Plot: Miranda is a latchkey kid. She lives in New York with her single mother and she knows how to take care of herself. She knows how to deal with people who scare her, to always have your key ready before reaching the door and she knows how to avoid the laughing man on the corner of her street. But she doesn’t know what to do when her best friend Sal starts avoiding her. Then suddenly she starts to receive mysterious notes from an unknown source. The author of these notes seems to know things he shouldn’t be able to know and he claims that he needs her help to save the life of someone he cares about.
I was tricked into reading a time travel story! Despite being a huge Sci-fi geek (and though both my favorite video game and 2 of my favorite DS9 episodes are about this very subject), I don’t usually like time travel stories. There’s always a paradox and they hurt my head. But I’m glad I was tricked because this is a beautiful, elegantly constructed novel with a fascinating puzzle at its center.
The chapters are very short, written by Miranda to an unknown “you”. As the story progresses, Miranda and the reader begin to suspect the true identity of this “you” and the answer is perfect and tragic at the same time. I was completely enthralled. But though there is a sci-fi element, this is first and foremost a story about friendship and about the like mistakes and misunderstandings in life. It is about Miranda making new friends and learning to really see the people around her.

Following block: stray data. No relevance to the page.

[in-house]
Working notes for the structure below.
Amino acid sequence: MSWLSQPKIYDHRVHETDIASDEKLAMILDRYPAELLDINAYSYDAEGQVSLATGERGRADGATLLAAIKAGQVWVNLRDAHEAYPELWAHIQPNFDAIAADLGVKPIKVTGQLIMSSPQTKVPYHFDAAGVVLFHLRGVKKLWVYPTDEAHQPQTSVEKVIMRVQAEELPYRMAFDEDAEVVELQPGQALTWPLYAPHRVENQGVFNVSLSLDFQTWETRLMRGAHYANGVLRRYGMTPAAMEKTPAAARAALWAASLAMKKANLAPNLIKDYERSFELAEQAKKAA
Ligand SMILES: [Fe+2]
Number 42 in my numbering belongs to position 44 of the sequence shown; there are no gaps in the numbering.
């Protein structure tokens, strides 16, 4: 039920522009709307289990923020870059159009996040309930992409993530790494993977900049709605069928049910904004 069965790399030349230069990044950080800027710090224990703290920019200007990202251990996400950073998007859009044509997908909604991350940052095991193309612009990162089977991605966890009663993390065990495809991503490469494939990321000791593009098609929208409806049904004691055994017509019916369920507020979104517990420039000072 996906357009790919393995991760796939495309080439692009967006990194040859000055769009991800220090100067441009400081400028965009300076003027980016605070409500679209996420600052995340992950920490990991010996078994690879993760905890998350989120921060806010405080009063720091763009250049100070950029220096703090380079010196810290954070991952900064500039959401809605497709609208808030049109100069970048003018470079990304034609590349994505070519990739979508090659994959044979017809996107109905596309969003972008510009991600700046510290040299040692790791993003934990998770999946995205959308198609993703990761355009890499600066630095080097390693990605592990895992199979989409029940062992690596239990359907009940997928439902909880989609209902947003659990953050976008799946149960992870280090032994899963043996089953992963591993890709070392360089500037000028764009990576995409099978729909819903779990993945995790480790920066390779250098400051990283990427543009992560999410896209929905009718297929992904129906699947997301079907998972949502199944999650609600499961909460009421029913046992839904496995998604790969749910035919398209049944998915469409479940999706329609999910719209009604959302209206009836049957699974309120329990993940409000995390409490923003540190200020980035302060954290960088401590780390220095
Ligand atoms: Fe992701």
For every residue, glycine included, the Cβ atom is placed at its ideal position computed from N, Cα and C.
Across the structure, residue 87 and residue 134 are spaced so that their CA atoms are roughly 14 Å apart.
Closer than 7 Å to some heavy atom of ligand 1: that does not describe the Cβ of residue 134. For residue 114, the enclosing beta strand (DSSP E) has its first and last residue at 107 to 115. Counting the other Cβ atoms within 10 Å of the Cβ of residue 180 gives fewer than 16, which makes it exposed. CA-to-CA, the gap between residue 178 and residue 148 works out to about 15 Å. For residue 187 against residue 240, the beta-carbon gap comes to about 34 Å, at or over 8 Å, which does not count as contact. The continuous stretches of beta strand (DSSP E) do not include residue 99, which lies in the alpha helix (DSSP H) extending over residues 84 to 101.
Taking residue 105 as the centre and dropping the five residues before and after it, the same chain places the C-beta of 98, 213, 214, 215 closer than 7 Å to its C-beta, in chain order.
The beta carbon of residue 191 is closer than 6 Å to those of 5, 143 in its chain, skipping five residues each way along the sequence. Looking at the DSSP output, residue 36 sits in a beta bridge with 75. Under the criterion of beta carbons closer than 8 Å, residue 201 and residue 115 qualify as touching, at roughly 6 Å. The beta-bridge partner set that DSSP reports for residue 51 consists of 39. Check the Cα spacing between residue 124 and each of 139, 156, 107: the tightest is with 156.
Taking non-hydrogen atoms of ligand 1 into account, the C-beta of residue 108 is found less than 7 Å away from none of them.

There are many references to another classic time travel story, A Wrinkle in Time, which Miranda reads obsessively. I confess: I haven’t read it. Time travel phobia aside, the cover of my childhood copy really freaked me out. But Miranda is so passionate about it that I really want to give it a second chance.
So there you have it: an intelligent, engaging book that encourages further reading. If that’s not worth a Newbery award, I don’t know what is.
I’m also definitely going to check out Stead’s newest book Liar & Spy.